In the meantime, the informal chainsaw logging sector (known as "pitsawing" in Liberia) continues to provide an important source of flexible, fast-paying day jobs for thousands of Liberians. At the Sinko wood field, one of several depots around Monrovia supplied in wood by mobile chainsaw operators, the direct and indirect employment impact of the industry is clear: traders and customers hire haulers and other workers to saw and move planks as needed; women wander the alleys selling food to the market's workers and visitors; and an association that tries to defend the interests of chainsawers and timber dealers nationwide boasts 15,000 members -- without counting all the helpers and haulers involved on an ad hoc basis.
For Edward S. Kamara, Manager for Forest Product Marketing and Revenue and point person for the Chain of Custody at Liberia’s Forestry Development Authority (FDA), the sector needs capacity building and investment: introducing artisanal sawmilling and creating cooperatives for small forest enterprises could improve the quality of planks and ultimately generate more jobs and added value.
(Click to go to Flickr set -- photos of jobs in the forest sector in Liberia --or expand and click "Show Info" for caption information)
Liberia’s efforts to re-start logging operations for export were challenged by the dilapidated state of road and port infrastructure in the aftermath of the war, which made the transport of logs costly and often impossible. Many roads were impassable in the late 2000s. Seasonal dirt roads were gradually improved, but by 2011, only 456 out of an existing road network of 6,162 miles were paved and many of those roads were in bad condition.
Bringing the ports back to normal was also slow. The port of Monrovia and Buchanan were the only two operational ports until August 2012, when the port of Greenville -- the port that is closest to the richest forest concessions in the country’s southeast -- was finally dredged and cleared of shipwrecks.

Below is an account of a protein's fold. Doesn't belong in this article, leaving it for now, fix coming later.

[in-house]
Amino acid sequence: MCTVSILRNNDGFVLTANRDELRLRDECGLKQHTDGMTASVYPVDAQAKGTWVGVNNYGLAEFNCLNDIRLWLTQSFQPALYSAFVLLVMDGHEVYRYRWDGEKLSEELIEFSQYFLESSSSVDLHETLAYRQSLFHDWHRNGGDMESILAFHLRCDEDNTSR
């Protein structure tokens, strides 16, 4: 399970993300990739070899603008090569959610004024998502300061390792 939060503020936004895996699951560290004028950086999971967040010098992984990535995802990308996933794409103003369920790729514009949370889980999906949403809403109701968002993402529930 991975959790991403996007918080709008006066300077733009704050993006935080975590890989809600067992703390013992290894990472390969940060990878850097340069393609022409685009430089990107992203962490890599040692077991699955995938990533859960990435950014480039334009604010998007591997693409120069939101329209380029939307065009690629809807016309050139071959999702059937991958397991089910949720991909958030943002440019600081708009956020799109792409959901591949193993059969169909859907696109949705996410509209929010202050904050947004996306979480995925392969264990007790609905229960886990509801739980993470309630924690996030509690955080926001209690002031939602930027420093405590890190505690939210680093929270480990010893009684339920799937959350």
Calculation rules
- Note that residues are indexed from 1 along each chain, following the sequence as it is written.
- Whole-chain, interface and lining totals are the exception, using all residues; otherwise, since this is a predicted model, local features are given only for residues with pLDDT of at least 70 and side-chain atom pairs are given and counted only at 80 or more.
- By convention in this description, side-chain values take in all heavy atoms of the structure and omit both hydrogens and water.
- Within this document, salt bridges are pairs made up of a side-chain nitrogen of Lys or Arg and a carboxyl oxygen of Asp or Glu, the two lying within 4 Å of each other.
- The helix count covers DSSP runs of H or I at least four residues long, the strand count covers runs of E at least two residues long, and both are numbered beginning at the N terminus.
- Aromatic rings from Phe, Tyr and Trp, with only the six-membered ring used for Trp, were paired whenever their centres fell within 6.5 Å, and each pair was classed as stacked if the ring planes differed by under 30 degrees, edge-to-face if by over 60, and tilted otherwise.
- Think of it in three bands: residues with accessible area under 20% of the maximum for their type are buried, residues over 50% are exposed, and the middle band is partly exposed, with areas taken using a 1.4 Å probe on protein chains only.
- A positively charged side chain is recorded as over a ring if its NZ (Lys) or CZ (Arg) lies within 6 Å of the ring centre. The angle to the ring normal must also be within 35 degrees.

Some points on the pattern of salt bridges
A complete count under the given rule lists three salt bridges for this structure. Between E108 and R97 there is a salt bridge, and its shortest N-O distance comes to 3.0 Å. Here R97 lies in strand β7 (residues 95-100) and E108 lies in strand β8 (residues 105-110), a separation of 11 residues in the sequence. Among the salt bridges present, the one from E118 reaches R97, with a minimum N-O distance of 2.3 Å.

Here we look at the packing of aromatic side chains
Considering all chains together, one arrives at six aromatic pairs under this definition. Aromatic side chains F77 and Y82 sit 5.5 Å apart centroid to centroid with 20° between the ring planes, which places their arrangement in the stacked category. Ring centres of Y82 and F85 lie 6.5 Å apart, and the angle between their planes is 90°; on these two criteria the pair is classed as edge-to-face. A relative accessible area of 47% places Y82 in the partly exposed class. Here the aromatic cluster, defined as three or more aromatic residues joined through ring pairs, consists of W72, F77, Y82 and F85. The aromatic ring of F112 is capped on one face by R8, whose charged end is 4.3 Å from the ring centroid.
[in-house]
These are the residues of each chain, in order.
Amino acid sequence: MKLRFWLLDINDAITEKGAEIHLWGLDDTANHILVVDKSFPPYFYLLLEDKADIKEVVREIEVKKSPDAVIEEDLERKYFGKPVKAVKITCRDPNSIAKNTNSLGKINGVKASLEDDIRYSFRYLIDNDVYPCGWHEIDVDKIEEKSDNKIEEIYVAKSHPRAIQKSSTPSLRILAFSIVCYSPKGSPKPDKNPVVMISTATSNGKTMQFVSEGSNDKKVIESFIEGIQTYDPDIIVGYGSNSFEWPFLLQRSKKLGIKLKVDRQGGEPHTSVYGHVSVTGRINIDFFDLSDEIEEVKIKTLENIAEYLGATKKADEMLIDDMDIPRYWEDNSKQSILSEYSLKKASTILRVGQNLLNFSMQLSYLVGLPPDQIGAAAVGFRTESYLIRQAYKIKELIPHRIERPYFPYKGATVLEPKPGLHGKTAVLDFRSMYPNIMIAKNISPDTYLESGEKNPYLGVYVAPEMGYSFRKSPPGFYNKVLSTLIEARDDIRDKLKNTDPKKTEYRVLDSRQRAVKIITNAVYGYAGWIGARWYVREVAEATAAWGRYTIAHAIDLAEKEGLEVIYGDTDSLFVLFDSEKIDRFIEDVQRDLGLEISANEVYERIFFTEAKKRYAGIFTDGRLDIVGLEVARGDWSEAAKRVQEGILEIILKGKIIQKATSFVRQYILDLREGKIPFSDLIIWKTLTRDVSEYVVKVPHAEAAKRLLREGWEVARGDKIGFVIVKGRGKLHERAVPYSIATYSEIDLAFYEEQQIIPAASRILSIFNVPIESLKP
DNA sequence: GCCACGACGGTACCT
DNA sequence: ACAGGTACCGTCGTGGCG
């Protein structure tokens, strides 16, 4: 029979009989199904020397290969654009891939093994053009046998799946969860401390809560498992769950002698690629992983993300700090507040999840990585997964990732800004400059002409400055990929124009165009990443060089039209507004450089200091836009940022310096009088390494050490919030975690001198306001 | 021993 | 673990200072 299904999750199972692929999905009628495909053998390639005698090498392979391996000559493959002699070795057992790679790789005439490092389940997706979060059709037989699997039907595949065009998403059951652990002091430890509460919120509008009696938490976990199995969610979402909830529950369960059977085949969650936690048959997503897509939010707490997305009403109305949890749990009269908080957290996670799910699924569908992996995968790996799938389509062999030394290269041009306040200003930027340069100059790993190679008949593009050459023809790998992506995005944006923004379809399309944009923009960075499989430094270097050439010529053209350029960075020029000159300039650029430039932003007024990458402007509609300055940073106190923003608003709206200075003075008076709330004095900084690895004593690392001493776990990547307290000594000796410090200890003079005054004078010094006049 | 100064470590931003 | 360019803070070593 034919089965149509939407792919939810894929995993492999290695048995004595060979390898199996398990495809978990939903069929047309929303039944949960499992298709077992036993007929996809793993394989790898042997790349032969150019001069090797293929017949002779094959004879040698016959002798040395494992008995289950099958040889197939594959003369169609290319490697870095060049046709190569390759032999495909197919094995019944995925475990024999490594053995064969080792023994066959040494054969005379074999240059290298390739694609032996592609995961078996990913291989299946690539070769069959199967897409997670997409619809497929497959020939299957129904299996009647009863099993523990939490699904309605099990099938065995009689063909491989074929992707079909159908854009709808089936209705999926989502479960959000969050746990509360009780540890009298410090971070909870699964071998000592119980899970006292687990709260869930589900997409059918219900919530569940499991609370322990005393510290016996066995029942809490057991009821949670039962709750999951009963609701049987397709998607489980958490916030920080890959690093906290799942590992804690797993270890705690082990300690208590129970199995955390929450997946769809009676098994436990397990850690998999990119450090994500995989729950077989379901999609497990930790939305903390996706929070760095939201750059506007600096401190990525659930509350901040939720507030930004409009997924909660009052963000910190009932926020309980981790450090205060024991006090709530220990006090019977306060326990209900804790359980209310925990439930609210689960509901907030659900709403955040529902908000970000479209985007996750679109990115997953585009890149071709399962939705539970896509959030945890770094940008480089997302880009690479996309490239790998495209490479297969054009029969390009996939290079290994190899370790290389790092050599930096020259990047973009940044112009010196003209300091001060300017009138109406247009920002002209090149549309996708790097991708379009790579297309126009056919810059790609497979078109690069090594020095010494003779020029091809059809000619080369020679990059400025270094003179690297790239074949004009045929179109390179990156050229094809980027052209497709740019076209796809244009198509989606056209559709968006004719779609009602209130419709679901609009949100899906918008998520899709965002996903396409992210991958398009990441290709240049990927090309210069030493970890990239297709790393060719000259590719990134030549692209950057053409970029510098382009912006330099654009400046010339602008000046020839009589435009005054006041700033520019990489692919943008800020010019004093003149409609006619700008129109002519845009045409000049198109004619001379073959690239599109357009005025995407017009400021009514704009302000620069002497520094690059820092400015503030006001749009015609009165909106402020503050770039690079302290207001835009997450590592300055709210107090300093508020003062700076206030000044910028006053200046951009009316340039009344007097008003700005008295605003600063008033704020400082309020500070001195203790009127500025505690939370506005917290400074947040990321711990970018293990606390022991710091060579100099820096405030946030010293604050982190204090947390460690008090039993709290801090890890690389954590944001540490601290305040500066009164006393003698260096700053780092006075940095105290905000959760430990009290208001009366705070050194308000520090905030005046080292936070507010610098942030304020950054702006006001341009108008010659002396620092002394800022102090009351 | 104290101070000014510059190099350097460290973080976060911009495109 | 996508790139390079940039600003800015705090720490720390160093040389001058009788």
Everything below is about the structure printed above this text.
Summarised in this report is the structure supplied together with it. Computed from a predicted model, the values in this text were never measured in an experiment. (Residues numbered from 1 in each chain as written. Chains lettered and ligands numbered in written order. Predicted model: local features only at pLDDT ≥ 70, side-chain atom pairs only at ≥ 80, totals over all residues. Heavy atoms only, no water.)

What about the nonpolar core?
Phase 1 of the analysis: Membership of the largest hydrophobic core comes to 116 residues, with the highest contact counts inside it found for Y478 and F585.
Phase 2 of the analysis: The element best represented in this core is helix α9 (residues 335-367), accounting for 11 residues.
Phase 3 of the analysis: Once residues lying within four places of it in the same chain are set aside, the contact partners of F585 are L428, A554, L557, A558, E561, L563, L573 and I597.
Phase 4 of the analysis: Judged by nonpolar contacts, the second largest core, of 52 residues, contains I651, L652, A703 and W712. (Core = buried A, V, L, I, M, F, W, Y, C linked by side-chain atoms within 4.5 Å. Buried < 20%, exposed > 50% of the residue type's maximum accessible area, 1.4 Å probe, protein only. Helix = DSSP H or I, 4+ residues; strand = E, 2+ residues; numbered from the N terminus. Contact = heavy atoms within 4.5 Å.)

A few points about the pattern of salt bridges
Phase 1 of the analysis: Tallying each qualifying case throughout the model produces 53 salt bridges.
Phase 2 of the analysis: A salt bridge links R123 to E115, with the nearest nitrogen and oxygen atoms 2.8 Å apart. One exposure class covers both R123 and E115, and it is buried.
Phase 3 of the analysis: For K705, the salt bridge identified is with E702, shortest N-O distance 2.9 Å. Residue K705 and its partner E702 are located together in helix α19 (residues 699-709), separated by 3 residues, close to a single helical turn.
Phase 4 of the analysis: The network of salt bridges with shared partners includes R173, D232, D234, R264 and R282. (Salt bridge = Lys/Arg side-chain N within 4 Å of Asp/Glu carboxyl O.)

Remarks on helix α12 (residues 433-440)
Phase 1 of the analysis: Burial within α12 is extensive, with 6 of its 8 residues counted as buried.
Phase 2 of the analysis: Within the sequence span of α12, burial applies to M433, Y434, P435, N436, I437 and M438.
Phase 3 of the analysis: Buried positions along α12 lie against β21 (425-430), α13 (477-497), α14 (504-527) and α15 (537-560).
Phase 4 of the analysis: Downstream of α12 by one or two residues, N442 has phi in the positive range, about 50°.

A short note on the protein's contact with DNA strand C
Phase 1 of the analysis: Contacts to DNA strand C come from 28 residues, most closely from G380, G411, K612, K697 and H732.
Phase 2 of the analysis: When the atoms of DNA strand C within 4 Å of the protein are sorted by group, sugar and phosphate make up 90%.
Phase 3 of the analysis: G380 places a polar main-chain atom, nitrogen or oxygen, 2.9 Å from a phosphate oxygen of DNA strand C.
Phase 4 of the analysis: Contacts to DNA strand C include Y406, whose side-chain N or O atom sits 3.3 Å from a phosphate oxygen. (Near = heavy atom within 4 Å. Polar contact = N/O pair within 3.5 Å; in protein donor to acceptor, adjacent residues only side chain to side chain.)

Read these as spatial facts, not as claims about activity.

The port of Buchanan returned to operations in 2009 but can only manage only about 25 to 30,000m3 of logs per month. Although the road from Monrovia to Buchanan has been improved, it is not paved all the way. "Once it is easier to go from Monrovia to Buchanan, I expect vessels will prefer to dock here than in the port of Monrovia because goods will access coastal towns more easily, and the Buchanan port is less congested," says Patrick Konneh, Buchanan Port Manager.
(Click to go to Flickr set -- photos related to infrastructure in Liberia --or expand and click "Show Info" for caption information)
The chain of custody system relied on state-of-the-art technology – bar codes and robust industrial-grade personal digital assistants (PDA) – that allowed for precise tracking but also created implementation challenges in the context of poor Internet and satellite connections, buggy software, manual errors and physical constraints.
Barcode and hand-held devices used by LiberFor
SGS relied on technology supplied by UK private company Helveta: PDAs that were too expensive to deploy widely in the field and failed to connect reliably to satellites and servers; barcode tags shipped from Switzerland that were difficult to nail into tropical hardwood; and software that was also too cumbersome. "If there was a typing error, it would take a half day of data entry work to find the mismatch and correct it," recalled Sebastian Schrader, Project Manager for Forestry at SGS Liberia. SGS was forced to create its own parallel software ("LiberTrack") to ensure that traceability and invoicing would keep up with production once logging volumes and the number of small shipments increased dramatically in 2012.
On the plus side, the system for tagging trees in forest blocks and verifying compliance along the chain of custody has worked relatively well according to SGS. Logging companies have been trained to tag and map every tree over a certain diameter in 50m2 cells and 1km2 forest blocks identified in their forest management plans. The plastic barcodes, which initially listed 12 digits, were redesigned to show only 8 digits (lowering the probability of errors) and allow room for nails. The barcodes still have a tendency to fall off when logs are skidded (dragged by bulldozers) out of the forest, so LTTC uses a parallel paper numbering system at that stage.